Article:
The company was started after I was able to solidify the name, image, and individual first. That took many years to do initially. Then, like in any good business model, I began to expand and pull in the people who I had met and formed relationships with along the way. You can be in control of everything, but you will fail if the people around you don’t want to work as hard or see the same vision that you do. Getting the right team together and putting the right person in each position was critical. Once I had the team, we were off and running. I knew I had the blueprint and I was confident that we could execute it. Every year we add a new division and continue to grow the company. We’re offering all kinds of things now for major labels and their artists all the way down to unsigned artists with a dream. We’ve got licensing deals with the biggest corporations in the world but we still have a focus on always helping the underdog artist who just needs to be taken on the right direction and shown how to make noise.
Is there anything you’d like the people to watch for from Jaywan Inc. in the near future?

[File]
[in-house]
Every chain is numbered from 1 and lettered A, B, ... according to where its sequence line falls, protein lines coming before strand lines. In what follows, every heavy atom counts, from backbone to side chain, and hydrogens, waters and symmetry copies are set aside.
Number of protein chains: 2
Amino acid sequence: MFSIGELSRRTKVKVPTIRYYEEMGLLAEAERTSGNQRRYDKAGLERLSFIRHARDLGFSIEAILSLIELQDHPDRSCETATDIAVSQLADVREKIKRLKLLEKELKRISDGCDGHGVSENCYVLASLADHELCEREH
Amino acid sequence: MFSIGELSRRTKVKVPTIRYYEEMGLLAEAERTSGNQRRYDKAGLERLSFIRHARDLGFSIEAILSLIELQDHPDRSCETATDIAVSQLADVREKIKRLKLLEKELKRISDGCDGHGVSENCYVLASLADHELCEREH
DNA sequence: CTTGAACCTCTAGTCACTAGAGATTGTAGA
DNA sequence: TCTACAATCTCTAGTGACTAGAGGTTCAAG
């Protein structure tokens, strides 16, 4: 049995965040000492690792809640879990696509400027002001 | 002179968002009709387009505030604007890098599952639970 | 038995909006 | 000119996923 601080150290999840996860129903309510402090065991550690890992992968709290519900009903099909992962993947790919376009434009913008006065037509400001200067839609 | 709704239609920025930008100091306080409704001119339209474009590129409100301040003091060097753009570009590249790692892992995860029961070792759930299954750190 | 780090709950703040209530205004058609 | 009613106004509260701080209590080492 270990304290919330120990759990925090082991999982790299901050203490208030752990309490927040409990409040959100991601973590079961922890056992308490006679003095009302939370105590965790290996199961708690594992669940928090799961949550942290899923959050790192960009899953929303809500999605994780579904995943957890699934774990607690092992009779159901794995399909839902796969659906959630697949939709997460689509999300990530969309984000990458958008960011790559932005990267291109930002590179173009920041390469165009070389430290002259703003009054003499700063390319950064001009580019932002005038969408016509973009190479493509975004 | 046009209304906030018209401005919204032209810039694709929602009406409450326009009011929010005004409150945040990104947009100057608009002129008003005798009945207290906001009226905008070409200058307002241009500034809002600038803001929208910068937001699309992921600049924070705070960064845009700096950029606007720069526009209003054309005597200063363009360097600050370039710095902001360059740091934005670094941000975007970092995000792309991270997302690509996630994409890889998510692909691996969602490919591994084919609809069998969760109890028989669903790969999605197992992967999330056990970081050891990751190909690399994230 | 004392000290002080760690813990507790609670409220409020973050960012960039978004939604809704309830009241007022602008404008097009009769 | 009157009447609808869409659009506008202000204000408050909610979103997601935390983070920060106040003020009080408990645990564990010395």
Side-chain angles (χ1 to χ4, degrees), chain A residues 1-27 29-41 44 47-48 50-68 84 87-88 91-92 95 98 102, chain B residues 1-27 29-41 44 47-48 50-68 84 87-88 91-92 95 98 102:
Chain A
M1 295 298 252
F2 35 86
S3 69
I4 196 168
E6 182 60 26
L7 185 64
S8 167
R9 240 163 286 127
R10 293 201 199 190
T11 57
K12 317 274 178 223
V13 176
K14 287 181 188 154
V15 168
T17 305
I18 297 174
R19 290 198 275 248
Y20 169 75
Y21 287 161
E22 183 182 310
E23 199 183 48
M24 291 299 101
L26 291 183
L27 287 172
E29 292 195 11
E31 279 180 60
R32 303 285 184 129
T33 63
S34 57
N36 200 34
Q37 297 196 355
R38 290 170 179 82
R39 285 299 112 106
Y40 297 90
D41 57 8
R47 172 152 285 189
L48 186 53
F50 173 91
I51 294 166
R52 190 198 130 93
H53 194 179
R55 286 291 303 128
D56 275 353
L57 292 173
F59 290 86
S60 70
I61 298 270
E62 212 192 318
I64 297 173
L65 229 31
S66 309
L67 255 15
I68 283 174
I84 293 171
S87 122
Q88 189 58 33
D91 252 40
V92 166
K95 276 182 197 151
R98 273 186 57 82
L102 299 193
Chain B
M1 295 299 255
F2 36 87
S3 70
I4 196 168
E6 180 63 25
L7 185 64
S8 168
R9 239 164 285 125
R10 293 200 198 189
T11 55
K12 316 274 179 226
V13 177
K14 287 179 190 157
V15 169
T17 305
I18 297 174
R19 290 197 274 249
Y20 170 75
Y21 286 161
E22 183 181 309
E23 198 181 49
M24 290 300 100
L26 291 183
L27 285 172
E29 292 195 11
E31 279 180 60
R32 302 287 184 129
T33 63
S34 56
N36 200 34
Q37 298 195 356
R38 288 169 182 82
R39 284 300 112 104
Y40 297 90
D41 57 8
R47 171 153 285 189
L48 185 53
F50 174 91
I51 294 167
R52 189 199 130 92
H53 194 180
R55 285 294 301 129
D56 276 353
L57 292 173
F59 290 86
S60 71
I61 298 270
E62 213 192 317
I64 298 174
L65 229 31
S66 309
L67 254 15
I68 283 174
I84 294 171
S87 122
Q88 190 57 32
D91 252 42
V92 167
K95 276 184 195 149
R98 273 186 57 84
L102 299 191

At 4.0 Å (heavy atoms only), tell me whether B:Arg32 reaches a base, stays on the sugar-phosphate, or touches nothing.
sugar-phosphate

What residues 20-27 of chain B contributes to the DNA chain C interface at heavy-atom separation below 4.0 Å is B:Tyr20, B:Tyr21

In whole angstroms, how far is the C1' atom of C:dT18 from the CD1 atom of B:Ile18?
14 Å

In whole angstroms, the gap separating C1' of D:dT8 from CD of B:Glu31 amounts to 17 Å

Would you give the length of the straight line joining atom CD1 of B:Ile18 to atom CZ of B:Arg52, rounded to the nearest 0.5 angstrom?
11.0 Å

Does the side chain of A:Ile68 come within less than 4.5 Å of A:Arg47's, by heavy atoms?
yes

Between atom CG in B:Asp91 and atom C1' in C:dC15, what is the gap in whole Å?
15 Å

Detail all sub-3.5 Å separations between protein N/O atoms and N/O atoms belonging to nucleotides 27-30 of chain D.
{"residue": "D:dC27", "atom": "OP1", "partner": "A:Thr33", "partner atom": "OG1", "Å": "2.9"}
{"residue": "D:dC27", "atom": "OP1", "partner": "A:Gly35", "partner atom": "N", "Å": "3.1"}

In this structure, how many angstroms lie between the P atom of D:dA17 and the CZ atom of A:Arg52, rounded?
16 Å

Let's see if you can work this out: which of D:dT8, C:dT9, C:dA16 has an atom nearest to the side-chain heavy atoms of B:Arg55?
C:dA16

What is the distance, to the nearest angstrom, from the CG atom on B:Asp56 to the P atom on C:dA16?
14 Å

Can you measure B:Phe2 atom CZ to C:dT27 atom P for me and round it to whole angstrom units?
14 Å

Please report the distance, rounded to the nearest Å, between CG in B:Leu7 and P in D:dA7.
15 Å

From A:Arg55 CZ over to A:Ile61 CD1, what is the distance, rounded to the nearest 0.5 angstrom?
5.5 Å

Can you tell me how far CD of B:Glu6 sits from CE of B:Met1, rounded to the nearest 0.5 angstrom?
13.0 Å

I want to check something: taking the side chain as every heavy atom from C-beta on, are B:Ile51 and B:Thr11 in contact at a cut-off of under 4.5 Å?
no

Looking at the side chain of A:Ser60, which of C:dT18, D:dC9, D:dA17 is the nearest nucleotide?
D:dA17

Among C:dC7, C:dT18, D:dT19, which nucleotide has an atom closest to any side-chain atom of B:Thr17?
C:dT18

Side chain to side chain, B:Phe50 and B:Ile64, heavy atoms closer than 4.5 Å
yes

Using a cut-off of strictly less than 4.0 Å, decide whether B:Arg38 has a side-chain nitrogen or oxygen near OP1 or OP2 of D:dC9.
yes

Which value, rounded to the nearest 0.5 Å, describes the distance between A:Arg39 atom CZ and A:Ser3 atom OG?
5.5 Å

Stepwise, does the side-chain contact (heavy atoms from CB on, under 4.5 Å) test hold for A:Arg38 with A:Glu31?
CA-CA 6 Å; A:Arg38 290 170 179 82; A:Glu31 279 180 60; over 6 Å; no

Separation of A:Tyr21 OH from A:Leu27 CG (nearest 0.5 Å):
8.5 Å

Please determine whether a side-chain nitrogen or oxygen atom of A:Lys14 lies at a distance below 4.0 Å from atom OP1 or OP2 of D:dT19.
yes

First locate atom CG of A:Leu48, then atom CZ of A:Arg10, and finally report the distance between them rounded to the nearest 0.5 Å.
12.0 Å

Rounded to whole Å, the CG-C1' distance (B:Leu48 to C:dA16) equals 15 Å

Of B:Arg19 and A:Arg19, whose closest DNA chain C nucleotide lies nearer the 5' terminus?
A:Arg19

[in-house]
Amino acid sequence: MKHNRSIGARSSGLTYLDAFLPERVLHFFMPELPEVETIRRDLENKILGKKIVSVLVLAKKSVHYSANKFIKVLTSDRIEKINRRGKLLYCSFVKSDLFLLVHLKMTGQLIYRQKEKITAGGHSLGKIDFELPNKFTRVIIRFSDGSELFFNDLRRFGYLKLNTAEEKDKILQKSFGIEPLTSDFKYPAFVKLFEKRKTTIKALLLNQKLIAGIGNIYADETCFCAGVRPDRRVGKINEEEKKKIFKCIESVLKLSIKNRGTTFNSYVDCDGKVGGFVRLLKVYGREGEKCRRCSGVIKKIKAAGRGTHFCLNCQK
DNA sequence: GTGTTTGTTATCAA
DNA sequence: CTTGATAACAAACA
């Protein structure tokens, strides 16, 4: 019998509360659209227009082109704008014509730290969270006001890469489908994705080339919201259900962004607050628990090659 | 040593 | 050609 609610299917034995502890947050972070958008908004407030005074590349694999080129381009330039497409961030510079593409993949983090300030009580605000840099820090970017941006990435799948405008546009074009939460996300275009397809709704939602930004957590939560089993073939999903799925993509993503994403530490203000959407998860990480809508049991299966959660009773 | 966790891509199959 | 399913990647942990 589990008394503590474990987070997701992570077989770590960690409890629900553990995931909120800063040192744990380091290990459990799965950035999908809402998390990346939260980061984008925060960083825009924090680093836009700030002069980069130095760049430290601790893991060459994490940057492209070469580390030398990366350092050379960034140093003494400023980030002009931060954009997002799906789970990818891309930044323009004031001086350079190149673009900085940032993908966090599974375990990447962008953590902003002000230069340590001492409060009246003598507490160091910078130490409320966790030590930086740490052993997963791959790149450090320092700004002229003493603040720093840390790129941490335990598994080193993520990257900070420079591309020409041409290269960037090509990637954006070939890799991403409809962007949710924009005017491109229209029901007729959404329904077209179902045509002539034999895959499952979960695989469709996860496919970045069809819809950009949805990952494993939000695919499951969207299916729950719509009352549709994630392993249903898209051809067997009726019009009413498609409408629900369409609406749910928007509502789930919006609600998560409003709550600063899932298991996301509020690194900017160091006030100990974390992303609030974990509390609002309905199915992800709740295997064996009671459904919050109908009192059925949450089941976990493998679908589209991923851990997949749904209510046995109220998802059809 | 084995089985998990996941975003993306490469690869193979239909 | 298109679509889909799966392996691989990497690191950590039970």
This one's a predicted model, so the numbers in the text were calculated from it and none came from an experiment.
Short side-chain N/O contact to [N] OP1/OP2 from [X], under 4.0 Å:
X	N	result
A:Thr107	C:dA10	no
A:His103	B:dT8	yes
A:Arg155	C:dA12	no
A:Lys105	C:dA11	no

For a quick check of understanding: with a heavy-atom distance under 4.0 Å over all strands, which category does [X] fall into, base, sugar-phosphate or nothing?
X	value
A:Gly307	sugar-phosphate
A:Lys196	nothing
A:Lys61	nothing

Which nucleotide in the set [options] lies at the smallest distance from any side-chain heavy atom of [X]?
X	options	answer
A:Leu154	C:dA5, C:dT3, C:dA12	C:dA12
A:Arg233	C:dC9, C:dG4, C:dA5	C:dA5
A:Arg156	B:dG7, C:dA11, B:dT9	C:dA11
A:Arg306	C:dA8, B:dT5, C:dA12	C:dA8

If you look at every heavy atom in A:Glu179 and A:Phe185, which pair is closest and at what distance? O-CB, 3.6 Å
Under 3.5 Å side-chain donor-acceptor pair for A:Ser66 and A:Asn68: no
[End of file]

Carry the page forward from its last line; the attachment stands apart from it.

New Swazy Baby and Lil Kim projects are coming soon. Just did some new records with 2Chainz, Nipsey, Jeezy, Gucci, and YG. My good friend Boosie is coming home and we might drop an album that I produced when he does. Look out for that. Also, unsigned artists can find our production, promo services, and graphic design services at www.jaywaninc.com
@JaywanInc took a break from his steady stream of #tweetstosellyoubeats and launched into exposing certain industry cats on Twitter! No need to waste your time looking for the tweets, I have listed all the good ones below… #Youarewelcome
"Let’s talk about how Ted Lucas owns 75% of Rick Ross’ publishing still…"
"Let’s talk about how Meek Mill can’t get a release date because he cant get a hit record spinning and the label won’t open up another budget"
"Let’s talk about how Jeezy is the VP of A&R at Atlantic that the only 2 artists from MMG are signed to…"
"Let’s talk about how noone on MMG has had a top 5 Billboard single in over 2 years."
"Let’s talk about how Rockie Fresh, Stalley, Omarion, and anyone else on MMG is still unsigned without any distribution in place."
"NO. MMG is just a label on paper. They don’t have distribution secured for any artist they want. They are a MIDDLEMAN."